I was 16 when I started receiving signals from the margins, music and literature that was coming from otherworldly places and really resonated with me. I was a magazine fiend, stacking up rock’n’roll magazines like Creem, Hit Parader and Rolling Stone. The writers were pretty hip, people like Lester Bangs, Richard Meltzer, Patti Smith, Lenny Kaye. I would read these articles and remember their names – Lester Bangs sounded as exciting to me as Iggy Pop. I think I just realised their world was more imaginative, more adventurous and magical. And I liked that. I went running towards it.
I think when I first saw the first New York Dolls album it was in a drugstore in Bethel, Connecticut, the little town I was living in. I was very aware all this action was happening very close by in New York, about an hour and a half away. And I knew I had to get there. I was a kind of happy go lucky nerd in school. I was not a sports hero and girls didn’t give me much of a look. I had this one friend, the only gay high school kid, and he saw that I was into this otherworldly stuff and he said to me: “Hey man, let’s go and see Patti Smith at the Playhouse in Westport.” So we skipped school and drove over there and that was life-changing.
I didn’t realise we were unusual until I went to other kids’ houses
It wasn’t like I came from a weird family who drove me into these outward zones. We were a middle-class average family. But we had books about art and literature; my father was a teacher. He taught philosophy and music – classical piano. So there was music in the house. I didn’t realise we were unusual until I went to other kids’ houses and I was like, where are all the books? I realised there was something a bit heavier going on in our house. A thread of culture. Maybe that was the guide for me.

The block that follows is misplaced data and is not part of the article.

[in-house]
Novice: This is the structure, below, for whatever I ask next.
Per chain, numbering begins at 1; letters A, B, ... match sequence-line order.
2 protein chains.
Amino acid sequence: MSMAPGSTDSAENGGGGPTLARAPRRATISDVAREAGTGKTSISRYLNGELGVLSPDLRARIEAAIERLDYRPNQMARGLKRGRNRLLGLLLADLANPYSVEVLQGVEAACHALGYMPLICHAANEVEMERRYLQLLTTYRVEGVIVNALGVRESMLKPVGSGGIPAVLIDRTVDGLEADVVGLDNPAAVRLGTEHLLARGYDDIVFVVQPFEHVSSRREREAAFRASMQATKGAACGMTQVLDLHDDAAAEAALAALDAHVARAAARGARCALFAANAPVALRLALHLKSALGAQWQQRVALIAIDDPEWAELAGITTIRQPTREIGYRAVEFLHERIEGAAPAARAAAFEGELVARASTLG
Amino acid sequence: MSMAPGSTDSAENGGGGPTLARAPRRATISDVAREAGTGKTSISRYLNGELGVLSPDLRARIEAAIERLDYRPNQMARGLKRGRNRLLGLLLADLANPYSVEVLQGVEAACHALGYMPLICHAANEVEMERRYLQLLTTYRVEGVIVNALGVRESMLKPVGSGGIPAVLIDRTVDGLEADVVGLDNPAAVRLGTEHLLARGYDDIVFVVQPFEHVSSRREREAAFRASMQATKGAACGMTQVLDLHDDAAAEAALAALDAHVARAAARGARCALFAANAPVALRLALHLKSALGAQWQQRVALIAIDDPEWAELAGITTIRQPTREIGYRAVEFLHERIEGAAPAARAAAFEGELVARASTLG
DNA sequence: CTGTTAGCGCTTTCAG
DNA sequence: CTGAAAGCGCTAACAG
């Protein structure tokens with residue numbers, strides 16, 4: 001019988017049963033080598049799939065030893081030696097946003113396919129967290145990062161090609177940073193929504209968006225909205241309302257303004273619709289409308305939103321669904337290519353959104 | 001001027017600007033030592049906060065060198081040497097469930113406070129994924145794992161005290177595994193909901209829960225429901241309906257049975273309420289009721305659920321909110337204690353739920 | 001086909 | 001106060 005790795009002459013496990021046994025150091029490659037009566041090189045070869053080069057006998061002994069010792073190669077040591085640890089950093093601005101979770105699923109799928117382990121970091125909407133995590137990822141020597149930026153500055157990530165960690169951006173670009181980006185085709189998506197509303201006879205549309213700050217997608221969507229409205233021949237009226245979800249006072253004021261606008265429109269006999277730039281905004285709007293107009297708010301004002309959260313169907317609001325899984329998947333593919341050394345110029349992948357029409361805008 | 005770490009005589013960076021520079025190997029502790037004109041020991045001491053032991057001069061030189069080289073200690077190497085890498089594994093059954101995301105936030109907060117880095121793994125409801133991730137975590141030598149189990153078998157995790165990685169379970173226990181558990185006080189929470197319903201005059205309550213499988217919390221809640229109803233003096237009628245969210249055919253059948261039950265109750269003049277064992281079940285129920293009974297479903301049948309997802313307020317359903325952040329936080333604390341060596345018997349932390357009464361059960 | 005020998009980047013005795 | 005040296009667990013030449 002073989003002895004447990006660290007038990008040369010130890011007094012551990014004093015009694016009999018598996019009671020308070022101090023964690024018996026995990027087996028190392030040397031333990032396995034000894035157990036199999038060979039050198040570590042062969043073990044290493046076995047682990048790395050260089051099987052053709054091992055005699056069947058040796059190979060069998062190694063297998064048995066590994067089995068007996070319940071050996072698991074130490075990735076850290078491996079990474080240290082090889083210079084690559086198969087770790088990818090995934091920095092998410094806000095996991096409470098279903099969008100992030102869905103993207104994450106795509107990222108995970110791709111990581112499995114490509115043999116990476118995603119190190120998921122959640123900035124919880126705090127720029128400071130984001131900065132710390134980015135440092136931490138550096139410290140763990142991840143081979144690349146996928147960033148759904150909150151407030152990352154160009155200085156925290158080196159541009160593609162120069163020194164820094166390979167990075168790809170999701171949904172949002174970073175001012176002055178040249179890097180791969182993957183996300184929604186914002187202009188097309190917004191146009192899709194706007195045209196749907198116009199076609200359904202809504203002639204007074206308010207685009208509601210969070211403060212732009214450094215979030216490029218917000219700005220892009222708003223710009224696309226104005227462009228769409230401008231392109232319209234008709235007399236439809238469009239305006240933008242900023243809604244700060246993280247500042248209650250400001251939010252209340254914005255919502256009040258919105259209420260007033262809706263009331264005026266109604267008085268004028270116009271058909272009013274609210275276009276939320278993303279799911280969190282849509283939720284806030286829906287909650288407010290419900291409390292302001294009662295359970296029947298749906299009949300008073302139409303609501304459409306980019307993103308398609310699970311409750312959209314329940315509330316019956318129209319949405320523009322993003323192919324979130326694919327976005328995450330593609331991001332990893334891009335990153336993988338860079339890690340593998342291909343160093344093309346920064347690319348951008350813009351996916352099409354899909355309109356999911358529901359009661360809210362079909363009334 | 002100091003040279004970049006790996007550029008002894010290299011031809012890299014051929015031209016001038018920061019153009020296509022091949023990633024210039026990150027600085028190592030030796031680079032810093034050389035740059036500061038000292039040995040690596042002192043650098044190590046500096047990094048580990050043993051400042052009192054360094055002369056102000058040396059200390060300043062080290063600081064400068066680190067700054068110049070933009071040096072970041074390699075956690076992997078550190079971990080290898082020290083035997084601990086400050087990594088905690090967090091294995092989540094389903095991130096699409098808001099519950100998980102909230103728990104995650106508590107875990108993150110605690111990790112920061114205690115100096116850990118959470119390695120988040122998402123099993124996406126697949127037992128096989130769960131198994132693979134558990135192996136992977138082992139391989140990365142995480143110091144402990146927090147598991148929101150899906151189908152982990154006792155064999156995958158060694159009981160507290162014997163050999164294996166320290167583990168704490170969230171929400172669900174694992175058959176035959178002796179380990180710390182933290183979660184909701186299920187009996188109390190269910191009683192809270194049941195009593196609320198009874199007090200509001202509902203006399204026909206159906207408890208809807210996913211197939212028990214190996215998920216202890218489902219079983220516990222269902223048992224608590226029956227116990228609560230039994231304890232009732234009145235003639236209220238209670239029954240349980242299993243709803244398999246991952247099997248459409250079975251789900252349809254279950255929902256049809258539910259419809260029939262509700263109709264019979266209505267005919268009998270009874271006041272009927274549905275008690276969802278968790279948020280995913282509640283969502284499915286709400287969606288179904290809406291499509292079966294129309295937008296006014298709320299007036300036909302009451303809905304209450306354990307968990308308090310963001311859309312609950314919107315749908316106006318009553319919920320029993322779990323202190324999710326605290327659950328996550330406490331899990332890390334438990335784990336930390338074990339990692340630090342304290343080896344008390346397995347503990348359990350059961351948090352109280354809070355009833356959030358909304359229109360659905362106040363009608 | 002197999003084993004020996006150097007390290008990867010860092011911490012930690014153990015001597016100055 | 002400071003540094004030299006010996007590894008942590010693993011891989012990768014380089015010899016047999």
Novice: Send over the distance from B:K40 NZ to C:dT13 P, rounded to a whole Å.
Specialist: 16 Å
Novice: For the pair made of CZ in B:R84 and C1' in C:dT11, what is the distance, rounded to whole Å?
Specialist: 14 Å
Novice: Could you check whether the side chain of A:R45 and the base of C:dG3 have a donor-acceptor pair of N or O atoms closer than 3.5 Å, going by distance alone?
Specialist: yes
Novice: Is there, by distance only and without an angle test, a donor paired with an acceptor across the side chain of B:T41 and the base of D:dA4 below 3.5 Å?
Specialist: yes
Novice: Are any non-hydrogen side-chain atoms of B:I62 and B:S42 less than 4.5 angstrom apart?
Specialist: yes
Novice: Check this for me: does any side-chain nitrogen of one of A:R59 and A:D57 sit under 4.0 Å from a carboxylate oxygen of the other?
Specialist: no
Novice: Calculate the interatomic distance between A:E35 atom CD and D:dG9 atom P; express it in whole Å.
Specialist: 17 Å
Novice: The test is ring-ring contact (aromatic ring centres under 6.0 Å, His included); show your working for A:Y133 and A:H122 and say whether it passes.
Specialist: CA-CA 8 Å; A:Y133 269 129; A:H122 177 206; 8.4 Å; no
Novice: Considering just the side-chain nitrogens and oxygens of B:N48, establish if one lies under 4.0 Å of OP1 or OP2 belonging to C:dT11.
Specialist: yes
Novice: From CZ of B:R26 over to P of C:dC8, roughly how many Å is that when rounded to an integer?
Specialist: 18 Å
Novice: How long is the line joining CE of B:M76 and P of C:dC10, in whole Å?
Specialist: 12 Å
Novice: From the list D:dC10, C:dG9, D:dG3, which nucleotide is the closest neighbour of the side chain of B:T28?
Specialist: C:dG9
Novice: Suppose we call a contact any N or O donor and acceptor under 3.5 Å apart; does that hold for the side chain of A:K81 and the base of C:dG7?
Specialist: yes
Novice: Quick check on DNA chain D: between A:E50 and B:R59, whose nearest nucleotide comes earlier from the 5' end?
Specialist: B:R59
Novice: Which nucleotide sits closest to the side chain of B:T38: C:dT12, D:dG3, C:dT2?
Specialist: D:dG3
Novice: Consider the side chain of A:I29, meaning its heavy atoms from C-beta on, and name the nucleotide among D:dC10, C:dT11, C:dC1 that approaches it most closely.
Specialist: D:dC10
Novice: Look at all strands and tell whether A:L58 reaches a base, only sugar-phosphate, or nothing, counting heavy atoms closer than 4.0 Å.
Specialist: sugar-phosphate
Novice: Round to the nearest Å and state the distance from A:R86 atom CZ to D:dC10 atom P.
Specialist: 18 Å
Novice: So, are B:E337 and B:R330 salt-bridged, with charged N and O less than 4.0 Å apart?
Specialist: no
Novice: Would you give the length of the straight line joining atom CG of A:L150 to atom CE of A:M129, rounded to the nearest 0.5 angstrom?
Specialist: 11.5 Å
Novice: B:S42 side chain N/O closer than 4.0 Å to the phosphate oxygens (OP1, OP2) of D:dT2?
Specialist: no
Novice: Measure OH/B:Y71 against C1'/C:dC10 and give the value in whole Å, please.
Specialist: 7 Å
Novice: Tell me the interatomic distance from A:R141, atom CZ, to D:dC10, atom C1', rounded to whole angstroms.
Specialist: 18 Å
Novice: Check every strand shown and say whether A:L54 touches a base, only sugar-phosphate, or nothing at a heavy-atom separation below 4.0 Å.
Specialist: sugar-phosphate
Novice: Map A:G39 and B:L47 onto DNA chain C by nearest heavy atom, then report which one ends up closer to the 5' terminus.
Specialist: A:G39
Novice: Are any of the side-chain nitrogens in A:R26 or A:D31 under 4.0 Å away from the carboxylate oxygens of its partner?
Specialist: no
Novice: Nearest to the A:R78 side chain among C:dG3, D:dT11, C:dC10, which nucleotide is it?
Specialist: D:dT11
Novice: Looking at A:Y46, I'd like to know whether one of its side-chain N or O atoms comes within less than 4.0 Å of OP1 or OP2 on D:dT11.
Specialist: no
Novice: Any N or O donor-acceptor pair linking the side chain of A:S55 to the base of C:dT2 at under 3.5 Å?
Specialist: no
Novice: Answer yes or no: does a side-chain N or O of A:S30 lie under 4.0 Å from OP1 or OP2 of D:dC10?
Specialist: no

My father died when I was 18. I was very close to him so that was very jarring. He would come to me in my dreams and I would wake up knowing he was there. I think his death did create an instruction for me to go off and establish myself. My mom came to see us the first time Sonic Youth played a proper gig at CBGB and there was a bit of a buzz around us. Afterwards she was joyous but then she started crying and I asked her what was wrong. She said: “I just wish your father could have seen that. He would have loved it.” That was really heartbreaking. She turns 90 this year and she still comes to see me play. She’s pretty hardcore.
I did briefly go to college and I wrote some music reviews there. The first was of Rick Seeger, nephew of Pete. He sat playing his folk music in those wooden shoes from Holland. So I wrote an entire piece about his shoes, wondering what it was like being chased down the street wearing them, that kind of thing. A week later we got a letter from Rick Seeger saying, how dare you send a completely unprofess-ional kid to my concert. And I was like, wow, I actually had an effect with my writing! I hadn’t done it to hurt him, it didn’t occur to me he would read it. So next I wrote about a John Cale gig at CBGB and when it came out the editor had ‘fixed’ my misspelling of John Cale’s name and changed it to John Cage. I was absolutely infuriated. Then the editor suggested I move from music to sports. That’s when I decided to leave college.